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The COVID-19 Emergency Is Over — Now What?

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Now that the Biden administration has implemented its plan to officially end both the national emergency and public health emergency on May 11, private employers are contemplating what to do with existing COVID-19 policies and protocols.  Employers who are not subject to a federal vaccine mandate or state or local laws restricting mandatory vaccination can still require COVID-19 vaccination as a condition of employment.  Any employer who requires vaccination must provide reasonable accommodations for employees who are unvaccinated because of a disability or sincerely held religious belief, practice or observance.  Whether an employer should voluntarily continue to mandate vaccination as a condition of employment is an entirely different - and much more complex - question that requires weighing legal and business considerations.  The end of the COVID-19 emergencies may also prompt employers to rethink other COVID-19-related policies still in place, such as mandatory masking, social distancing, contact tracing and pre-visit questionnaires.

The end of the national emergency and public health emergency will also affect the extension of enrollment deadlines for health and welfare plans and mandatory employer coverage of COVID-19 testing and services without cost sharing to employees.  As the emergencies expire, however, employers will no longer be required to pay for COVID-19 testing, and COVID-19 vaccines will be treated like other preventive services such as cholesterol and blood pressure screenings, annual physicals and routine eye exams, which are only covered when delivered by an in-network provider.

A special enrollment provision in place during the pandemic gave employees extended time, up to a year, to enroll or update enrollment in health care plans due to life events such as losing coverage, getting married or having children.  However, the special enrollment provision is set to end July 10, along with a similar pandemic-era rule giving employees additional time to pay Consolidated Omnibus Budget Reconciliation Act premiums and decide whether to use COBRA coverage.

Considerations for Employers

Employers should review their current COVID-19 policies, protocols and benefits and determine what, if any, changes need to be made.  One of the top things employers may consider is whether they will continue covering the full cost of COVID-19 testing and vaccines for employees, limit or restrict coverage in some way, such as limiting covered testing to in-network providers, or stop paying for testing and out-of-network vaccines altogether.  Employers making changes to covered COVID-19 benefits or policies will also want to consider and decide when to implement these changes. Employers may implement changes immediately upon the official end of the public health emergency or wait until Jan. 1 or the start of their plan year.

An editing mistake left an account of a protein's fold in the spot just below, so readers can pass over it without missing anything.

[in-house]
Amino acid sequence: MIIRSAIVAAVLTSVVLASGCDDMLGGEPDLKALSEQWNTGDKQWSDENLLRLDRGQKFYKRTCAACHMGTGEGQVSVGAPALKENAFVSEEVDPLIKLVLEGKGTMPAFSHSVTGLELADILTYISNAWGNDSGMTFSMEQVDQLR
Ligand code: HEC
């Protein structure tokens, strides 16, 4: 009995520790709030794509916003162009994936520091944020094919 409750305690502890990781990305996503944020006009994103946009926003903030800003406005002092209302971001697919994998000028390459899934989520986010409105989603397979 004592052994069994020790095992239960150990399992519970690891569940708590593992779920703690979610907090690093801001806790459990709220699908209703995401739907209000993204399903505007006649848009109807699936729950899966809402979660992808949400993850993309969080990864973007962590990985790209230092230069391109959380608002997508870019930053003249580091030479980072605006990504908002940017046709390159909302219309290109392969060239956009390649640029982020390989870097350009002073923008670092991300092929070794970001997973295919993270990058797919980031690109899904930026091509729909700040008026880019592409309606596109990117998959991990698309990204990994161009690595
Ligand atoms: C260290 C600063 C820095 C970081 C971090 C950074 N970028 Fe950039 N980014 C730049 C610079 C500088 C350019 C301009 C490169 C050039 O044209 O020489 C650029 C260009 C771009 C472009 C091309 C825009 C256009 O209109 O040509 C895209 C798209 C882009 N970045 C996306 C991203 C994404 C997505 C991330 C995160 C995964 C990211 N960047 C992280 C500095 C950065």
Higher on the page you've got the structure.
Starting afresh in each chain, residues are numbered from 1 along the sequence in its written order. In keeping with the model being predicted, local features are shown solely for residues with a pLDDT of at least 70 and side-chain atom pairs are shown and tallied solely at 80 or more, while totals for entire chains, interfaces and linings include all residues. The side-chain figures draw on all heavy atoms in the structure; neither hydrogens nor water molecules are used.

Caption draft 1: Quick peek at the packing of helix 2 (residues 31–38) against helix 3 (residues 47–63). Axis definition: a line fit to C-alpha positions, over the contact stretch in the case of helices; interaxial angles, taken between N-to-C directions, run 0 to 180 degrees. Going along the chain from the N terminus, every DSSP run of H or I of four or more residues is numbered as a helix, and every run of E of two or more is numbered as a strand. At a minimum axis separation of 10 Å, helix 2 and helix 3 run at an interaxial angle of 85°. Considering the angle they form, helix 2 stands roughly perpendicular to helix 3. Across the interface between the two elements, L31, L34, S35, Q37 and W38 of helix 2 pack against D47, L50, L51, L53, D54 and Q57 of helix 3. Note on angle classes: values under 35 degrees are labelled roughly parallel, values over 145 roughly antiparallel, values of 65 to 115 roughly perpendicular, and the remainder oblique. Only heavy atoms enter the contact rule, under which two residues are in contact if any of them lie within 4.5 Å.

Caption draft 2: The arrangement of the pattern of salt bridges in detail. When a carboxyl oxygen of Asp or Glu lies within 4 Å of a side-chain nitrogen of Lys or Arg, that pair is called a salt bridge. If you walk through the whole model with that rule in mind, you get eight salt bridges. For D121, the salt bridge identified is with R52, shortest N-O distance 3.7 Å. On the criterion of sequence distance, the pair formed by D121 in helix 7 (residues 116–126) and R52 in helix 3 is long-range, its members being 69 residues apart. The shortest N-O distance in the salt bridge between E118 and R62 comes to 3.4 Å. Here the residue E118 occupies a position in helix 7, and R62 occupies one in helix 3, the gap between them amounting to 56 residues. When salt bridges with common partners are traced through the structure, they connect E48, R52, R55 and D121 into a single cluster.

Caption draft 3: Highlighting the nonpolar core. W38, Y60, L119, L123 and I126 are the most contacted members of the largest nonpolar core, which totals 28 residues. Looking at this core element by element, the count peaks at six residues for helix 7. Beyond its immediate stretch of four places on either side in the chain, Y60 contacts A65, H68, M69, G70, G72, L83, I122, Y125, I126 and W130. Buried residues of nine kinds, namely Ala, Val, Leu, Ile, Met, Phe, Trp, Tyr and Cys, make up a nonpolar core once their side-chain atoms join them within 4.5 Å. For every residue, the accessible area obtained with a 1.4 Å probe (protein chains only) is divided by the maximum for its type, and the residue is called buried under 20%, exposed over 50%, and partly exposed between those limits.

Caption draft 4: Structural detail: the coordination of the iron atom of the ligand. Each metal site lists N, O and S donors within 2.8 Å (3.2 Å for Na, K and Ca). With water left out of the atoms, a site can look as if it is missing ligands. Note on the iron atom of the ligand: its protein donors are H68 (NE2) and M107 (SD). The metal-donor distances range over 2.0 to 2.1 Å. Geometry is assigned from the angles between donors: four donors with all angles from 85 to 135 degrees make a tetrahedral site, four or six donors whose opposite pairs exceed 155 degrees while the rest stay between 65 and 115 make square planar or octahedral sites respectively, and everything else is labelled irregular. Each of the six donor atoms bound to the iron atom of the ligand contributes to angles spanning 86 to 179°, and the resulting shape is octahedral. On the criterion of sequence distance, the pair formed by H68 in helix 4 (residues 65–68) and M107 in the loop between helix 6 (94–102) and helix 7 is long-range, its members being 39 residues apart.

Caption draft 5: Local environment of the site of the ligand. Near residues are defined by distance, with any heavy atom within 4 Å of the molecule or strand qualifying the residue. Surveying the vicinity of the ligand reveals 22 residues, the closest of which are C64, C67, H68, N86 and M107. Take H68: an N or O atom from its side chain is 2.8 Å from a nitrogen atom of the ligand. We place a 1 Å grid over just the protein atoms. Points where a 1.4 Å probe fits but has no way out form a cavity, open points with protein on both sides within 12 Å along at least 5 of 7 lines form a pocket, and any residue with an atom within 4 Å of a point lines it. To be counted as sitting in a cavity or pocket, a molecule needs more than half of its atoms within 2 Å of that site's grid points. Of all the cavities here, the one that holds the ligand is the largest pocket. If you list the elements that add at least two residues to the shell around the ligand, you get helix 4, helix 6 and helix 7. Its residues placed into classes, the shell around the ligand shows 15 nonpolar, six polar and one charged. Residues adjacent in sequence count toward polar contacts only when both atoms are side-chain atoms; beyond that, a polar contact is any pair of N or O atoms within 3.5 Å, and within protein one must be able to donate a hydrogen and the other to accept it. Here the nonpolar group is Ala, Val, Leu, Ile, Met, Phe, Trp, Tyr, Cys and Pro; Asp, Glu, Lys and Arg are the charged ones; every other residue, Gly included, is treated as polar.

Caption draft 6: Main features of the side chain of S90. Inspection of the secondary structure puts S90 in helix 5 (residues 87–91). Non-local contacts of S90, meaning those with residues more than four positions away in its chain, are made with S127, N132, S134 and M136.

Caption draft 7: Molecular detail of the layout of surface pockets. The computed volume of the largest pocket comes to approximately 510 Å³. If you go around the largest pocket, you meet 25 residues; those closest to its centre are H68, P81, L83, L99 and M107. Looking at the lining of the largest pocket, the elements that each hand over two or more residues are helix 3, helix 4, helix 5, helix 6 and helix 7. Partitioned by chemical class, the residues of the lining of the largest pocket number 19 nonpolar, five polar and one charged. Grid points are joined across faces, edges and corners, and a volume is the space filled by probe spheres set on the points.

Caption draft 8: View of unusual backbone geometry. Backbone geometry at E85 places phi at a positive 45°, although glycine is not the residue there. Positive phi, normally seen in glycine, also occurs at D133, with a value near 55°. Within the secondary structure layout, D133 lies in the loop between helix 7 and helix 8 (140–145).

Outside of testing and vaccinations, employers should also consider planning for the end of special provisions allowing employees more time to enroll in health plans and pay COBRA premiums.  Employers above all should consider actively communicating with employees about any anticipated changes to existing policies and benefits in connection with the end of the emergencies, and how such changes may affect them.

In a related development, the U.S. Department of Homeland Security (DHS) and U.S. Immigration and Customs Enforcement (ICE) announced on May 4, 2023 that employers would have thirty (30) days to reach compliance for Form I-9 requirements after the COVID-19 Flexibility sunset on July 31, 2023.  This means that all required physical inspection of identity and employment eligibility documents should be completed by August 30, 2023.  If an employer has not been using an in-person review of such documents for completion of the I-9 form, they are required to go back and do an in-person verification of those documents and thereafter make a notation on the I-9 form indicating "Documents Physically Examined" and the date. 

This article is part of our June 2023 Newsletter.

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